Man arrested in Berlin truck attack released

Posted at 12:22 PM, Dec 20, 2016
and last updated 2016-12-20 13:26:08-05
The Latest on investigation of truck rampage in Berlin Christmas market (all times local):
   7:05 p.m.
   German prosecutors say a man arrested after the truck attack on a Berlin Christmas market has been released because there isn't sufficient evidence to tie him to the rampage.
   Federal prosecutors said Tuesday that that the man, a Pakistani citizen who came to Germany last year as an asylum-seeker, denied involvement in the attack that killed 12 people and injured nearly 50 others.
   They noted that witnesses were able to follow the truck's driver from the scene but lost track of him. The man arrested matched witness descriptions of the truck driver, but investigators haven't been able to prove that he was in the truck's cab at the time of the attack.
   Under German law, prosecutors have until the end of the calendar day following an arrest to seek a formal arrest warrant keeping a suspect in custody.
   6:35 p.m.
   German Chancellor Angela Merkel and President Joachim Gauck are attending a memorial service at the church next to the Christmas market that was attacked on Monday night.
   The nondenominational service at the Kaiser Wilhelm Memorial Church came hours after Merkel and other German political leaders laid white roses outside the church.
   The church, a centerpiece of the former West Berlin, serves as a symbol of the destruction of war. The 19th-century church was badly damaged in World War II bombing and the remains of its spire were left standing. A modern extension was inaugurated in 1961.
   Berlin's Lutheran bishop, Markus Droege, said "Berlin lives with this wound, which was created by violence and war. This church is a memorial -- it shows us what happens when people give free rein to their hatred, when they pursue the path of violence to the end."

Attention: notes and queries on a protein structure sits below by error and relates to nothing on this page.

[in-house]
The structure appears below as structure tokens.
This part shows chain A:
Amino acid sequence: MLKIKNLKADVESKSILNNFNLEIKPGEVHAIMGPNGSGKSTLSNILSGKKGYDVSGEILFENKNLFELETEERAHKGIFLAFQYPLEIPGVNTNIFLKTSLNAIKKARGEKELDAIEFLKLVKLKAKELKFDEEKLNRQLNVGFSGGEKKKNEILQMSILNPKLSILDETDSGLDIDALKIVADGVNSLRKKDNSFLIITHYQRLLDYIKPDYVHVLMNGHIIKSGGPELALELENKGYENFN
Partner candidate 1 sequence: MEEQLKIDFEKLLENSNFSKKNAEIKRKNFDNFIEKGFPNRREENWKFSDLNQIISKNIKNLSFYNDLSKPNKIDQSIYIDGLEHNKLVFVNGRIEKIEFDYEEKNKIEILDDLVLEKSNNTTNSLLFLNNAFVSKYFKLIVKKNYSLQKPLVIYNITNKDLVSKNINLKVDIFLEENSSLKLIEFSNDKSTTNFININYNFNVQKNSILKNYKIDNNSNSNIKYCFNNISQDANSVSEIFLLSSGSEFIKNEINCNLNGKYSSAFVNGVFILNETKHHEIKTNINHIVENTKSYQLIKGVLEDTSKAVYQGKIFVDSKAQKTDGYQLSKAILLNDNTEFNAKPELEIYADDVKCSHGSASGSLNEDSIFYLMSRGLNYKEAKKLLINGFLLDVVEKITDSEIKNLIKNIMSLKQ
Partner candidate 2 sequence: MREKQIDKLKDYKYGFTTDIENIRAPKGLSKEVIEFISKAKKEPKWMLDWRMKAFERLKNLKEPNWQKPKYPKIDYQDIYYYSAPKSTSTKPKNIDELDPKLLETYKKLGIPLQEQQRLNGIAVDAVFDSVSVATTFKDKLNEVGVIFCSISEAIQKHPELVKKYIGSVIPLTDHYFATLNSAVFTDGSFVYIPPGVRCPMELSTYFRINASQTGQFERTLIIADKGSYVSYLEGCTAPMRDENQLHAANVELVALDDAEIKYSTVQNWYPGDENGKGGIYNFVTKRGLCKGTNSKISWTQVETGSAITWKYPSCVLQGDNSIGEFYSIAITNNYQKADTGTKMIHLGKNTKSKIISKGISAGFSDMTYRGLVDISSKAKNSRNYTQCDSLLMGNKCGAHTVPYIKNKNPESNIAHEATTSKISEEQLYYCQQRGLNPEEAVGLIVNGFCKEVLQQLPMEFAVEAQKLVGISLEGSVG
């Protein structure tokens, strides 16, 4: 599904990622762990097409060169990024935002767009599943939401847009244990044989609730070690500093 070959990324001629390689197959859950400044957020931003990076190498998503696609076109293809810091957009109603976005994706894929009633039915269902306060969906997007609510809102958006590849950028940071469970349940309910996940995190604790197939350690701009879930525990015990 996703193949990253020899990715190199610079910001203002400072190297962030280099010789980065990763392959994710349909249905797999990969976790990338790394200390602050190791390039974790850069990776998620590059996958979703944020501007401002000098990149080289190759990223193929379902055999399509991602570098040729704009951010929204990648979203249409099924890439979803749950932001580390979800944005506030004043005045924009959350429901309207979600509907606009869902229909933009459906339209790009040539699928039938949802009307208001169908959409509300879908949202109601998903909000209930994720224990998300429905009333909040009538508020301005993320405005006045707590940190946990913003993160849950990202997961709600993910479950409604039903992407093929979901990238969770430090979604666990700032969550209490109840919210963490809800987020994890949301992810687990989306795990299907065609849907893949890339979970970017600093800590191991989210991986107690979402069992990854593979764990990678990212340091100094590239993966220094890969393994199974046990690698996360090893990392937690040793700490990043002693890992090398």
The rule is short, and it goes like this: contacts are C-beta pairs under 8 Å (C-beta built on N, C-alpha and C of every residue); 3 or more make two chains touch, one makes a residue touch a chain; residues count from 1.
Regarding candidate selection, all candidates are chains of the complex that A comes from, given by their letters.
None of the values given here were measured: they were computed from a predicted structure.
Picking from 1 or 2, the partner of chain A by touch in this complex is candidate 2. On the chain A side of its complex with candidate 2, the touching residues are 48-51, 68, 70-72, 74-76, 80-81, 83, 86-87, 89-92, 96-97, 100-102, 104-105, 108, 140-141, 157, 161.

6:30 p.m.
   A German Muslim group is condemning the truck attack on a Christmas market in Berlin that left 12 people dead.
   The Muslim Coordination Council said in a statement Tuesday that terror "does not stop in the face of innocent people and what is sacred to people." It added that "we are deeply shocked and condemn the cowardly attack in the strongest terms."
   The council is an umbrella organization for several German Muslim groups.
   German authorities are calling the truck attack an "act of terrorism" that had all the hallmarks of Islamic extremism, but many questions remain over who carried it out. No group has claimed responsibility.
   6:20 p.m.
   The White House says President Barack Obama has spoken by phone with German Chancellor Angela Merkel and offered his condolences for the attack against the Berlin Christmas market.
   Twelve people were killed and nearly 50 others injured when the truck drove into the popular Christmas market filled with tourists and locals outside the Kaiser Wilhelm Memorial Church near Berlin's Zoo station late Monday.
   The White House says Obama reiterated a U.S. offer of assistance. He also underscored that "no attack could sway our determination and that of our German allies to defeat terrorism in all of its forms."
   The White House says Obama also expressed his appreciation for Merkel's steadfast leadership in shared efforts to "root out the scourge of terrorism and defend our way of life."